The satellites 206a-c may further be configured to relay the uplink signals 222a-b to the satellite dish 208 as downlink signals 224a-b. Similar to the uplink signals 222a-b, each of the downlink signals 224a-b may contain one or more transponder streams of particular data or content, such as various encoded and/or at least partially electronically scrambled television channels, on-demand programming, etc., in accordance with an allotted carrier frequency and bandwidth. The downlink signals 224a-b, however, may not necessarily contain the same or similar content as a corresponding one of the uplink signals 222a-b. For example, the uplink signal 222a may include a first transponder stream containing at least a first group or grouping of television channels, and the downlink signal 224a may include a second transponder stream containing at least a second, different group or grouping of television channels. In other examples, the first and second group of television channels may have one or more television channels in common. In sum, there may be varying degrees of correlation between the uplink signals 222a-b and the downlink signals 224a-b, both in terms of content and underlying characteristics.

Continuing with the example implementation-specific scenario, the satellite dish 208 may be provided for use to receive television channels (e.g., on a subscription basis) provided by the service provider 202, satellite uplink 204, and/or satellites 206a-c. For example, the satellite dish 208 may be configured to receive particular transponder streams, or downlink signals 224a-b, from one or more of the satellites 206a-c. Based on the characteristics of the PTR 210 and/or satellite dish 208, however, it may only be possible to capture transponder streams from a limited number of transponders concurrently. For example, a tuner of the PTR 210 may be configured to tune to a single transponder stream from a transponder of a single satellite at a time.

Additionally, the PTR 210, which is communicatively coupled to the satellite dish 208, may subsequently select via tuner, decode, and relay particular transponder streams to the television 214c for display thereon. For example, the satellite dish 208 and the PTR 210 may, respectively, be configured to receive, decode, and relay at least one premium HD-formatted television channel to the television 214c. Programming or content associated with the HD channel may generally be presented live, or from a recording as previously stored on, by, or at the PTR 210. In this example, the HD channel may be output to the television 214c in accordance with the HDMI/HDCP content protection technologies. Other examples are possible.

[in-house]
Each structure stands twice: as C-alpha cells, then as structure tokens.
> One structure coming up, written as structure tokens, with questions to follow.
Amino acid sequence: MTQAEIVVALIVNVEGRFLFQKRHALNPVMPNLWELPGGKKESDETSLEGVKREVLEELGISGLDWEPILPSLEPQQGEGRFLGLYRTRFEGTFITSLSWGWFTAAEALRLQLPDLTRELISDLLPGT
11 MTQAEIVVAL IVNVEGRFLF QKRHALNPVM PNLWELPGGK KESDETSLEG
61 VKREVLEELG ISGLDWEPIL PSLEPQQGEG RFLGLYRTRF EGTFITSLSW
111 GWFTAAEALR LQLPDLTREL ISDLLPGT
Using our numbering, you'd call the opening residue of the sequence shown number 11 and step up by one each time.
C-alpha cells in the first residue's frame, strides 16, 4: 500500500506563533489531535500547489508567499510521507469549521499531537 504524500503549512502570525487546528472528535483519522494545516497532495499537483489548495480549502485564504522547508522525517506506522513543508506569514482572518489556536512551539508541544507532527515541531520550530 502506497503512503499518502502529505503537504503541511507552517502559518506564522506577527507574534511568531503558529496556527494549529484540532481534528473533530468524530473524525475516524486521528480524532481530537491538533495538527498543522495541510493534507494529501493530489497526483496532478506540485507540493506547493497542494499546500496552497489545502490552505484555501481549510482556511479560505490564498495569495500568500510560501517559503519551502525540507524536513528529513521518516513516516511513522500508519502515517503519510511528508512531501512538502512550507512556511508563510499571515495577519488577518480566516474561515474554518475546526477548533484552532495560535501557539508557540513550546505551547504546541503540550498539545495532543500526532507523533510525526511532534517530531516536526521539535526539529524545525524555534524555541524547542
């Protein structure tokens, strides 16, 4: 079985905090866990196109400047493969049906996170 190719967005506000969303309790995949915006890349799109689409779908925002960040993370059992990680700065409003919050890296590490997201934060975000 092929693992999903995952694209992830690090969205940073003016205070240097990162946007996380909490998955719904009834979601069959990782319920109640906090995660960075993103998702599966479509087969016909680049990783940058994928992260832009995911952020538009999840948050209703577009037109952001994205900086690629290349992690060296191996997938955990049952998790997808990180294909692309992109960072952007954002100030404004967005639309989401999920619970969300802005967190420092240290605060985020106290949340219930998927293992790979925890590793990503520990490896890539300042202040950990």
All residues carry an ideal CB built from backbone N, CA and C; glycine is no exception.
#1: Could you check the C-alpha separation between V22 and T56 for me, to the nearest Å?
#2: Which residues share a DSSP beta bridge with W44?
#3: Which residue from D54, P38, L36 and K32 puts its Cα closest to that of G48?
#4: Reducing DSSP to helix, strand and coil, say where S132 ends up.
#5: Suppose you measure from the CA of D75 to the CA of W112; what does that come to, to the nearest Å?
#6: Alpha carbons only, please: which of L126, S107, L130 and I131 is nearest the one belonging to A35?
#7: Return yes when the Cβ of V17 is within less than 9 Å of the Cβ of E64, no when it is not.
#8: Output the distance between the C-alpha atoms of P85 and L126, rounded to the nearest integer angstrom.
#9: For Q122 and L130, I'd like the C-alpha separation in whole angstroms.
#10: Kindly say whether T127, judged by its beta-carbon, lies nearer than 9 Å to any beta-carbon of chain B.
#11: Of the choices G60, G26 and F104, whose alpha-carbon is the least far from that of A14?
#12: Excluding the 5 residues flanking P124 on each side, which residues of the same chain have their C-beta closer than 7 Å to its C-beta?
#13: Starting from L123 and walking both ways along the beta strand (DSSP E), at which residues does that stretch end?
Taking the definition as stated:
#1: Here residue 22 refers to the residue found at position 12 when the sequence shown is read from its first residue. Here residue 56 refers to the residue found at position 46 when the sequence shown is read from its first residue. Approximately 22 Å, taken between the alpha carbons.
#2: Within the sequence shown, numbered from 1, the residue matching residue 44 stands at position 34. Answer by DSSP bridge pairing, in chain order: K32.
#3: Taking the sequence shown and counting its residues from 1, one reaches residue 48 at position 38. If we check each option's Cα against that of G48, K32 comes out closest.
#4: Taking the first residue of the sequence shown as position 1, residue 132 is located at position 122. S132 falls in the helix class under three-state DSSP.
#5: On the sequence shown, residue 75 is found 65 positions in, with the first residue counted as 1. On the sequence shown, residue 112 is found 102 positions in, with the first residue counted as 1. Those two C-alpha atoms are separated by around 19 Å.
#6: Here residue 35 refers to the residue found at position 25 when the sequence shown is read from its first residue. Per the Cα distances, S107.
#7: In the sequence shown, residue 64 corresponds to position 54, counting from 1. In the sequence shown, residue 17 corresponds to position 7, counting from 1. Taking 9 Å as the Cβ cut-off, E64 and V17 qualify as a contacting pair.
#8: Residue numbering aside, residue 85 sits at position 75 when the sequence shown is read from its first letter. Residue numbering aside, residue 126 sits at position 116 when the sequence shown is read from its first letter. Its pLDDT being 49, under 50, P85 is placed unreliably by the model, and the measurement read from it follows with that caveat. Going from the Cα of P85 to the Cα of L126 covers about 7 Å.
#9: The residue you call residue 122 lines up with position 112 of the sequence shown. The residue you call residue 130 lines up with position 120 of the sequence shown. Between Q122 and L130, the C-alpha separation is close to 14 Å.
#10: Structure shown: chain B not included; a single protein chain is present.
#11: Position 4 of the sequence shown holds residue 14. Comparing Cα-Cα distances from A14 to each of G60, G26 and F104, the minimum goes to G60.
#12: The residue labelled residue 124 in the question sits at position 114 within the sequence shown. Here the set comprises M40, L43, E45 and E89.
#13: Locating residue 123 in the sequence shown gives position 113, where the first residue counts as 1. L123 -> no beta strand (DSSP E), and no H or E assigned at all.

Further, the PTR 210 may select via tuner, decode, and relay particular transponder streams to one or both of the STRs 212a-b, which may in turn relay particular transponder streams to a corresponding one of the television 214a and the television 214b for display thereon. For example, the satellite dish 208 and the PTR 210 may, respectively, be configured to receive, decode, and relay at least one television channel to the television 214a by way of the STR 212a. Similar to the above example, the television channel may generally be presented live, or from a recording as previously stored on the PTR 210, and may be output to the television 214a by way of STR 212a in accordance with a particular content protection technology and/or networking standard. Still further, the satellite dish 208 and the PTR 210 may, respectively, be configured to receive, decode, and relay at least one premium television channel to one or both of the computing devices 216a-b. Similar to the above-examples, the television channel may generally be presented live, or from a recording as previously stored on the PTR 210, and may be output to one or both of the computing devices 216a-b in accordance with a particular content protection technology and/or networking standard.